"the equipment, software and operational control which permit information to be generated, communicated, received or stored in a data message".

Article 4

The principle of this provision is accepted, provided that it can be drafted satisfactorily. There are two points on the drafting.

Firstly, the intention is not to affect requirements for particular formalities. (These are dealt with by articles 5, 6 and 7). The provision as drafted, however, does not make it clear that requirements for particular formalities (such as writing, or an original or a deed) are not affected where the inevitable and automatic consequence of using a data message is that the requirement is not satisfied. In such cases it would be possible to say: "The information is in a data message; therefore the necessary requirement (e.g.

for writing etc.) has not been satisfied". As drafted, article 4 could thus be read as striking down the requirement in question. Since that is not the intention, some clarification is needed.

Secondly, the provision says that information shall not be denied legal effectiveness etc. It is not information as such, however, which has legal effectiveness. Documents, records and transactions may have legal effectiveness. Information does not. There is no such thing as legally effective information;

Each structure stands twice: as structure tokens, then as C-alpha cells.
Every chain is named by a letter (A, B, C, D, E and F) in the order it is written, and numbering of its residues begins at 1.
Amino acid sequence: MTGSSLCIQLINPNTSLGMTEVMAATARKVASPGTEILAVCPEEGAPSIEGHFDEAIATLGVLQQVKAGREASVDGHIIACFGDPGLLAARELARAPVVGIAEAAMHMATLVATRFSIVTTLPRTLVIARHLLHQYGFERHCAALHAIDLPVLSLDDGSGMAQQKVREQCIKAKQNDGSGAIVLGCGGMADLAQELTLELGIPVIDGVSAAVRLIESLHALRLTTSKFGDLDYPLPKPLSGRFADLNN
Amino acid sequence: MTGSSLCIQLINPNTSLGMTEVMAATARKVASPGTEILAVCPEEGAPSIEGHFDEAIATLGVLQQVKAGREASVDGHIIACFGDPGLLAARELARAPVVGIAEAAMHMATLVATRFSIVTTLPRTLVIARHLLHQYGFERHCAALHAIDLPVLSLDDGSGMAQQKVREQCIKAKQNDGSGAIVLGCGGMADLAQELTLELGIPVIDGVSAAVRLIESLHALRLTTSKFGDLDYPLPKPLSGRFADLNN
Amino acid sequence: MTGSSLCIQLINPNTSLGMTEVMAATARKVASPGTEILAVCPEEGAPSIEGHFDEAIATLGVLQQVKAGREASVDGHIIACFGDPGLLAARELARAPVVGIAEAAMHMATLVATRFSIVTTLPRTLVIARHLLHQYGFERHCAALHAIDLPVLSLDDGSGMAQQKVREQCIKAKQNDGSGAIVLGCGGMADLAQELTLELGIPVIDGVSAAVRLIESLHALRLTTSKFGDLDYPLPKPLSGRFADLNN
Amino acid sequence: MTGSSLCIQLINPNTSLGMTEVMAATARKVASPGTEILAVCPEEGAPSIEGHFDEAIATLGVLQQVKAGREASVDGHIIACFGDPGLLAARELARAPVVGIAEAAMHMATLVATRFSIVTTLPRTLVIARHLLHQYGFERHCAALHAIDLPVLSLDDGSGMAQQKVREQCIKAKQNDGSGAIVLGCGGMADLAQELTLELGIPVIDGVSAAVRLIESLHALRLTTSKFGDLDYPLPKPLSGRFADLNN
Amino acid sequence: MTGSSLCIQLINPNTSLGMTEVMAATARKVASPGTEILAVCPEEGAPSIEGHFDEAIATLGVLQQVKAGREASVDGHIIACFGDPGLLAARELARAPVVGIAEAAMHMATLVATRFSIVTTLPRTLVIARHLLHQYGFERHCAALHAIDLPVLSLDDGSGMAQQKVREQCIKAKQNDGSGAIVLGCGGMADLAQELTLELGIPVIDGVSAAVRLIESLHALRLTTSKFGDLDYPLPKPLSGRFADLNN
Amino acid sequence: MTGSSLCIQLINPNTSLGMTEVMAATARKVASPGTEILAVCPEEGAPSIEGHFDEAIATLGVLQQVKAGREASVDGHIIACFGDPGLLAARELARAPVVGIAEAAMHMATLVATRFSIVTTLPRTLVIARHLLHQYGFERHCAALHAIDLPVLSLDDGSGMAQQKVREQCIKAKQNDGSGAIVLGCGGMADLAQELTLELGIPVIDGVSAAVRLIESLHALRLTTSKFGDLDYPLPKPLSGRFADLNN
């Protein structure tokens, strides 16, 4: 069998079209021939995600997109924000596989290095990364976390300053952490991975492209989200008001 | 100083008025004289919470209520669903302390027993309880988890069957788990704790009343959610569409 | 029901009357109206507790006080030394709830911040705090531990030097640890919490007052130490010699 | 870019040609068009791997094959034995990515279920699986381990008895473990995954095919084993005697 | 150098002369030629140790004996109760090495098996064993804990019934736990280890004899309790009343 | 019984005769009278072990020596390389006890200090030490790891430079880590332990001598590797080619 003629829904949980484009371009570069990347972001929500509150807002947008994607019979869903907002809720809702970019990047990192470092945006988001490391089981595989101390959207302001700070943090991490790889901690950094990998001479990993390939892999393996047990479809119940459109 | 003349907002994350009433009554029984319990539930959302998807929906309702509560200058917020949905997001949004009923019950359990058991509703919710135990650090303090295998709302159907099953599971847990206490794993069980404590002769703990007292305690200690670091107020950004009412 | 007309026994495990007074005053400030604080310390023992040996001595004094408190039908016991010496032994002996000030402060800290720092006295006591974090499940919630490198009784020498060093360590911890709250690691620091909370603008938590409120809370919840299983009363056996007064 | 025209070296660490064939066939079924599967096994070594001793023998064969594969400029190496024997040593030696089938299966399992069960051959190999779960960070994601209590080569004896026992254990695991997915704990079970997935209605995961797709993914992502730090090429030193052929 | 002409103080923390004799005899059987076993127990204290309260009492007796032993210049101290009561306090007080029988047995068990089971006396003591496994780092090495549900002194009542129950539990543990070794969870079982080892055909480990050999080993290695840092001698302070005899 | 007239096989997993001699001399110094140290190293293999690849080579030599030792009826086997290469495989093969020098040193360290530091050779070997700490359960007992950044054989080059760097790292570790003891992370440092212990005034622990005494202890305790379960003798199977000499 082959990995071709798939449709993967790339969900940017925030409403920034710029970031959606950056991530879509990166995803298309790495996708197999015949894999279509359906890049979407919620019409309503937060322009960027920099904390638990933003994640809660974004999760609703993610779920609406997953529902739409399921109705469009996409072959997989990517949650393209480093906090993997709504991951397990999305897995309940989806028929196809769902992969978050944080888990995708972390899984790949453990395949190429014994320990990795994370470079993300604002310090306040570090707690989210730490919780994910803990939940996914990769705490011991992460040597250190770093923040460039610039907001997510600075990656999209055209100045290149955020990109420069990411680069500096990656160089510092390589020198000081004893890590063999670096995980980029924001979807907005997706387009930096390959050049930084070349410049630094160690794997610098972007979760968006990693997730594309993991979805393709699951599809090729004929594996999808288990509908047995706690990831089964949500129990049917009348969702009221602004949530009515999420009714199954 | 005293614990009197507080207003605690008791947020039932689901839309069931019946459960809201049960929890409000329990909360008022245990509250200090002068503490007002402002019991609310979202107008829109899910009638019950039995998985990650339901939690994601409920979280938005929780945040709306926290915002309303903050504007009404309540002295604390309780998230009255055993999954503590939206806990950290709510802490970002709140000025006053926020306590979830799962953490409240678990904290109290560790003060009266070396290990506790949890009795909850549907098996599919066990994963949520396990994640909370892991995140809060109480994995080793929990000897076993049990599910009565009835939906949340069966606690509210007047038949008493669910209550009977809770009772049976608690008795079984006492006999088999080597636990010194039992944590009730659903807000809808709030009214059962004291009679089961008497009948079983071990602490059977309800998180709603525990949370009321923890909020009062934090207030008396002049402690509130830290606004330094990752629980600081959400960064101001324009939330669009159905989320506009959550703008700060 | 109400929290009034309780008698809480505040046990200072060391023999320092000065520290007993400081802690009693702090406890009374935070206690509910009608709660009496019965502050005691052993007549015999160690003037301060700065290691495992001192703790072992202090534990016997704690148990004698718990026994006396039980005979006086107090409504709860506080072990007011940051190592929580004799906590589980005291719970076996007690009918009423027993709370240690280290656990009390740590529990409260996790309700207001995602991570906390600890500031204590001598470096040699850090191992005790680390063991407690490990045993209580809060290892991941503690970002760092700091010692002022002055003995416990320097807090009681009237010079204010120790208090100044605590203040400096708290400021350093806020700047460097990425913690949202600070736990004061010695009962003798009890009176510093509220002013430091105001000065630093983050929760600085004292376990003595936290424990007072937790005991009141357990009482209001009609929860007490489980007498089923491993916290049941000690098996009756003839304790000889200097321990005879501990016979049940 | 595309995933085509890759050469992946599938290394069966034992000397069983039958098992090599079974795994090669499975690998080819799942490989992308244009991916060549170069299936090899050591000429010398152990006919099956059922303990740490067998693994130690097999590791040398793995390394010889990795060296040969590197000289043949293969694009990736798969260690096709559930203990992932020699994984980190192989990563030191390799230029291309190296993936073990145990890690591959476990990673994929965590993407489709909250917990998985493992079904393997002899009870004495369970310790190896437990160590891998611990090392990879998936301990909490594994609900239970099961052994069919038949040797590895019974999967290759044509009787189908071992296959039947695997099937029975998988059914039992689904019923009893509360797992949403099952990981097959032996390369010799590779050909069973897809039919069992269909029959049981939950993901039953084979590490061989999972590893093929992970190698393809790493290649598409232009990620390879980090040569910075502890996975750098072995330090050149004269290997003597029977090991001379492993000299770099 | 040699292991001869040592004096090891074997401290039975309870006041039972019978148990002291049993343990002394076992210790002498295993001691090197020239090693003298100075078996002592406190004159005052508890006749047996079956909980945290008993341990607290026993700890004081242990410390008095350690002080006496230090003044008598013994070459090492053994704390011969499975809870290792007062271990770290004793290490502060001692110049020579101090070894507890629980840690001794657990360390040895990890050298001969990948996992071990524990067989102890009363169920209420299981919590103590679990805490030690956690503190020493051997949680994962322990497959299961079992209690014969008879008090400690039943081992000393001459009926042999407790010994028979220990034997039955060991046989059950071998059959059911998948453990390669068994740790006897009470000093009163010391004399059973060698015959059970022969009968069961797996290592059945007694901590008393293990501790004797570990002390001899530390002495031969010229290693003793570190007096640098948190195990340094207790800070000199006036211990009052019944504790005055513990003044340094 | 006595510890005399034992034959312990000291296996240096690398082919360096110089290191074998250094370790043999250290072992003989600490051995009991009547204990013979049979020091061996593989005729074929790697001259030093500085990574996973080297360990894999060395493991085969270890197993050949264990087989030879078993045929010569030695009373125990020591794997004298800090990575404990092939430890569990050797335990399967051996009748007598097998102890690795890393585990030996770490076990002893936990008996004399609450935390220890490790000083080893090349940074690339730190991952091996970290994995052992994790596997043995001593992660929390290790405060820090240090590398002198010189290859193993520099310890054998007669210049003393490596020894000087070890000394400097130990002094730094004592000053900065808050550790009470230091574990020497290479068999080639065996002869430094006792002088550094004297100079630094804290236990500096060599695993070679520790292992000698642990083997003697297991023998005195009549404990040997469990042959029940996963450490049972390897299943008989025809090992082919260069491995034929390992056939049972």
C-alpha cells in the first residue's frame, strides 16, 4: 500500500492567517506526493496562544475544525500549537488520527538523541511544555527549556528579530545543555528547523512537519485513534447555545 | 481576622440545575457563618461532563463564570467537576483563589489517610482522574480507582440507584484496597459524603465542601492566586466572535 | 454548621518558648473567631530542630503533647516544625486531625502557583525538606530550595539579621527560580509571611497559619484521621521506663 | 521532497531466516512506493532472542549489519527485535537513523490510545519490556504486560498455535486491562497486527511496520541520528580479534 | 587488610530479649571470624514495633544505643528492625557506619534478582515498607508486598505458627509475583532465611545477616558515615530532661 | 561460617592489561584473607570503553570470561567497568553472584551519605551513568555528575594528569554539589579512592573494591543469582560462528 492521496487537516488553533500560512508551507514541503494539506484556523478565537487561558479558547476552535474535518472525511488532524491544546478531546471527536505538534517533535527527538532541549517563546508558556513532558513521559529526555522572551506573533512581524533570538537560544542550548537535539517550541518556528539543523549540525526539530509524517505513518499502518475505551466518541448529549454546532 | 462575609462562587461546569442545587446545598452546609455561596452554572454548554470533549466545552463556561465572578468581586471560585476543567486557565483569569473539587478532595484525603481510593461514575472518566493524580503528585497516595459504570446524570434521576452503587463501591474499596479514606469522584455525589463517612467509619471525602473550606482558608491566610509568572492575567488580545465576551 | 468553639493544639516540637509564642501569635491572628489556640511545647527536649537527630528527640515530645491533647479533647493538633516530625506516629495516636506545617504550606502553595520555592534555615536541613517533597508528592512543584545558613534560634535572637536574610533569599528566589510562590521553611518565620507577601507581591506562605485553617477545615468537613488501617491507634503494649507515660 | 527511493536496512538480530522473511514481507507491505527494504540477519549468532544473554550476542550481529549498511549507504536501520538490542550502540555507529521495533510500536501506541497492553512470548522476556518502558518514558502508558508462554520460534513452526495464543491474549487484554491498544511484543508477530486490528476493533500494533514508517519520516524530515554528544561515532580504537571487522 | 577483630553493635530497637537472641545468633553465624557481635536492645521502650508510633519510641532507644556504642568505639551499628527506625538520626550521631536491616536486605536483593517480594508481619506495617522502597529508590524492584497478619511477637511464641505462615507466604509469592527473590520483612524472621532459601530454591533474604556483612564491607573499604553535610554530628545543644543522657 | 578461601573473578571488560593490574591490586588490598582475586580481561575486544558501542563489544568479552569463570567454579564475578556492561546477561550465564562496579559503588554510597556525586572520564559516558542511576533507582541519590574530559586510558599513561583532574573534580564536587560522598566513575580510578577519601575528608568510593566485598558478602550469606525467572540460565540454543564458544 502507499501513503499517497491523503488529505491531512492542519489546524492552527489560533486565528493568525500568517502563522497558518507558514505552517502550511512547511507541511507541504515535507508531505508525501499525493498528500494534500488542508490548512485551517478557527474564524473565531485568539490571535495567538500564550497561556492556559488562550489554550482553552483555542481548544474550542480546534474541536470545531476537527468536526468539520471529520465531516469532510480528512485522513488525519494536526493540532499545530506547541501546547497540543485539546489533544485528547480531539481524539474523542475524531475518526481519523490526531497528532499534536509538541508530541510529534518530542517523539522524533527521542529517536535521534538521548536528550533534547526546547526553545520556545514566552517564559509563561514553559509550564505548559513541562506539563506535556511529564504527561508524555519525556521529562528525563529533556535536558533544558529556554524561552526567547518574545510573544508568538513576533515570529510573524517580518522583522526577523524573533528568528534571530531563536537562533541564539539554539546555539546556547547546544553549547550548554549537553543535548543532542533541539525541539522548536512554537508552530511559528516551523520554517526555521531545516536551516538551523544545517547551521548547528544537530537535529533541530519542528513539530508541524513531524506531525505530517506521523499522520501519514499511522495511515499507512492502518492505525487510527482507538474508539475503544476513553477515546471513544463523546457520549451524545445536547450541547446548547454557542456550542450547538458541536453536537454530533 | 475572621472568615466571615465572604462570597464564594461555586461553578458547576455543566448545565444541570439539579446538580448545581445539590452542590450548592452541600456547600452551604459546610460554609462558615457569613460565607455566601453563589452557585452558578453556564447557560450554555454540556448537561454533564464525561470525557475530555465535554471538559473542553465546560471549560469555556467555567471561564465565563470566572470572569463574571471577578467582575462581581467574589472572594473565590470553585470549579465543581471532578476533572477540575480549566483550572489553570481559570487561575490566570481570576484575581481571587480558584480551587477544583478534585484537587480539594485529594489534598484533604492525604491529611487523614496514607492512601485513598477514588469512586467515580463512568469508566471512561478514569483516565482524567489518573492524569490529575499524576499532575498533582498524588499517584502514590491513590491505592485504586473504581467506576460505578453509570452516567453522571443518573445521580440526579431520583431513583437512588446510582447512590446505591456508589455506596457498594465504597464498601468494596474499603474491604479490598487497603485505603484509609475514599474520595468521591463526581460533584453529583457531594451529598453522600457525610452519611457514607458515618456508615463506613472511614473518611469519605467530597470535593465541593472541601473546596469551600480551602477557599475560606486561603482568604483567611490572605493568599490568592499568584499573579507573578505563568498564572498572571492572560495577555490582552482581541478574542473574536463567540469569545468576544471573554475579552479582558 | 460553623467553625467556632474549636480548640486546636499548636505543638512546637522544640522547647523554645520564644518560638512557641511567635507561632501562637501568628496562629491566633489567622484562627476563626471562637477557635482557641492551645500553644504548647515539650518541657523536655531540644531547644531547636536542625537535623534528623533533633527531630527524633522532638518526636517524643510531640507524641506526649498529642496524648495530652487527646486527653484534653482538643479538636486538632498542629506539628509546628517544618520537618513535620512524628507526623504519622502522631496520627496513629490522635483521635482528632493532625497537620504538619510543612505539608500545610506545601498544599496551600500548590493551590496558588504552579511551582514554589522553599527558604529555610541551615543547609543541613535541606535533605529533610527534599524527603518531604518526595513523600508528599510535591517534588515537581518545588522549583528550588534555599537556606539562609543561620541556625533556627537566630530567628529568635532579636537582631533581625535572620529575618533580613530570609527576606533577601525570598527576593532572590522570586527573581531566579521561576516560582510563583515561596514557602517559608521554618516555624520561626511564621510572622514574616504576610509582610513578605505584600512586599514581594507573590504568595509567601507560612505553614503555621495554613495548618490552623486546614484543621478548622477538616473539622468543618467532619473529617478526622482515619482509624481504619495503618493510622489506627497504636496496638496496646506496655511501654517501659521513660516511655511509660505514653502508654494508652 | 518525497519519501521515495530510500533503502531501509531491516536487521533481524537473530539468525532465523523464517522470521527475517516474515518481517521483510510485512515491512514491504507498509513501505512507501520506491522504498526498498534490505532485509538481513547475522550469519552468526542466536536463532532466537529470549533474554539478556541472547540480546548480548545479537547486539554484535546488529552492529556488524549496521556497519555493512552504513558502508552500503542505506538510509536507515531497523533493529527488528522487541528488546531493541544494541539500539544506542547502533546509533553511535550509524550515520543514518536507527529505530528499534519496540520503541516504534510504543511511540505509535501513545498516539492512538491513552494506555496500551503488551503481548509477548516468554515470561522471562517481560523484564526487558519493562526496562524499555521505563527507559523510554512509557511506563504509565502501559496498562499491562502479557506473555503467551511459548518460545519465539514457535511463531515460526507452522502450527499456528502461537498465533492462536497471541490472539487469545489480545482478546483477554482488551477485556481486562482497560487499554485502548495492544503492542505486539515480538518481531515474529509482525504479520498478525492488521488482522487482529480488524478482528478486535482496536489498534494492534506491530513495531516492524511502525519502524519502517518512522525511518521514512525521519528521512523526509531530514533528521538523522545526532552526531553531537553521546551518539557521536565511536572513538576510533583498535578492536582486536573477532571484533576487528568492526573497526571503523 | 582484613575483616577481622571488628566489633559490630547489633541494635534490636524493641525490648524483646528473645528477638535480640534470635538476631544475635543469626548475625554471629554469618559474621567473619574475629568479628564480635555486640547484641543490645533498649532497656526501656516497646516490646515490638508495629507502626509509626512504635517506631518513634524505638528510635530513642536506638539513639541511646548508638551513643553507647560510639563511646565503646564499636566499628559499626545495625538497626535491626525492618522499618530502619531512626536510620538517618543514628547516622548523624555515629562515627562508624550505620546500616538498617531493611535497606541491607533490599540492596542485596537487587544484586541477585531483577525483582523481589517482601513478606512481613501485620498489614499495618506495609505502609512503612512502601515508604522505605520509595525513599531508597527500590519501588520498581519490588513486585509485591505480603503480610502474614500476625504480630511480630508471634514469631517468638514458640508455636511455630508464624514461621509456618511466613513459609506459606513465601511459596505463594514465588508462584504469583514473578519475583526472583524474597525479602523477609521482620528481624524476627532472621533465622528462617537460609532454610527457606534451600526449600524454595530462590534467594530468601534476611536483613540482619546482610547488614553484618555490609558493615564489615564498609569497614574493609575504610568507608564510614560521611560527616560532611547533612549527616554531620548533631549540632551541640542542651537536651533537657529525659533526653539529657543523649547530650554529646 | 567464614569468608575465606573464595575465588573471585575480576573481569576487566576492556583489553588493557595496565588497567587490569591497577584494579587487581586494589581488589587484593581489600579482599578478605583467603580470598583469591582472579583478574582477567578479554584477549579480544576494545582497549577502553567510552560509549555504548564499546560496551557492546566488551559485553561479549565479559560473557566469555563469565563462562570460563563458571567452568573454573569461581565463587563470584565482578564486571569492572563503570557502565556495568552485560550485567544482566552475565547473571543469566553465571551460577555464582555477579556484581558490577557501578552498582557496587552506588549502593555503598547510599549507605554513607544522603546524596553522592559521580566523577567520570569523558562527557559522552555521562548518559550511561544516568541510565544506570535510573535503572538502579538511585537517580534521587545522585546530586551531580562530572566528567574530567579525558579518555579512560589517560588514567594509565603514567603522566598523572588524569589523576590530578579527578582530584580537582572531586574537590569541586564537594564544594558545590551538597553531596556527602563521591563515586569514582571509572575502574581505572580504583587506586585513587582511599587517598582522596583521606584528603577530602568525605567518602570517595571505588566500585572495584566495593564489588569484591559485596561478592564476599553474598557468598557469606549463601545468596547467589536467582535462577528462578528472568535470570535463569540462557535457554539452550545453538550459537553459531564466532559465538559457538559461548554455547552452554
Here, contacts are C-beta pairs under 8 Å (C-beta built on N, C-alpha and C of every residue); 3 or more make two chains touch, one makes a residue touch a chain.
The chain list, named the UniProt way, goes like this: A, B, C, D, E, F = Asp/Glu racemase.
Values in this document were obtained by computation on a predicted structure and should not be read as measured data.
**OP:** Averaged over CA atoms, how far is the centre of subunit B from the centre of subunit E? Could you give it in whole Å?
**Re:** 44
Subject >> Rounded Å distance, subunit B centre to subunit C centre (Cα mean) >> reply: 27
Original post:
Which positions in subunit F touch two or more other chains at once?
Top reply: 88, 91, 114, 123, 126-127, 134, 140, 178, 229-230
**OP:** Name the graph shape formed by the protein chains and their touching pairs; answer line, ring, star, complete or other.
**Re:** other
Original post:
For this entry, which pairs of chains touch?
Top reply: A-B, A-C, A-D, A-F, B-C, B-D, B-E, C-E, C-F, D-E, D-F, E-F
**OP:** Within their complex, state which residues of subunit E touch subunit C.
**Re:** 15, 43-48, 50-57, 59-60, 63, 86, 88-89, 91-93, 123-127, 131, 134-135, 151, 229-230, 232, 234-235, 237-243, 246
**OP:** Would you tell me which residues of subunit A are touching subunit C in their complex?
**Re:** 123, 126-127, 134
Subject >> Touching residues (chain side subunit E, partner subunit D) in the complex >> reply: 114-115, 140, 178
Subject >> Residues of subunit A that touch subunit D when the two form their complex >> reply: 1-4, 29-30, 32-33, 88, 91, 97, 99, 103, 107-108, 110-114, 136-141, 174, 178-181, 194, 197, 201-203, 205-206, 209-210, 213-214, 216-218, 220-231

information is merely disembodied data. (For this reason, too, it is awkward to refer to information as being "in the form of a data message". Information as such has no form, although it may be "recorded in the form" or "communicated in the form" of a data message.)

To take account of these points, the UK would suggest redrafting the provision as follows:

"The use of a data message to record or communicate information shall not affect the legal consequences of the record or communication or of what is recorded or communicated, provided that no particular requirement applies which the use of a data message does not satisfy."


Article 5(1)

Where a transmission is only valid if it is in writing, the date that it is put into writing becomes important.

If the transaction is concluded orally, and is only subsequently recorded in a data message, or a series of data messages, it is essential that the requirement for writing is only satisfied as from the date that the relevant data message is generated. As drafted, article 5 would have the effect that in such a case a subsequent data message could satisfy the requirement retrospectively.

Article 5 merely states that "a data message satisfies that rule", i.e. any data message, regardless of when it was generated. This would include a subsequent data message, and the article would therefore have the effect that a subsequent data message satisfied the rule as from the date that the rule became applicable. Yet when an oral transaction is subsequently put into writing, the written document can only be relied on, as satisfying the requirement that the transaction must be in writing, as from the date that the written document is generated. The same principle should apply to data messages.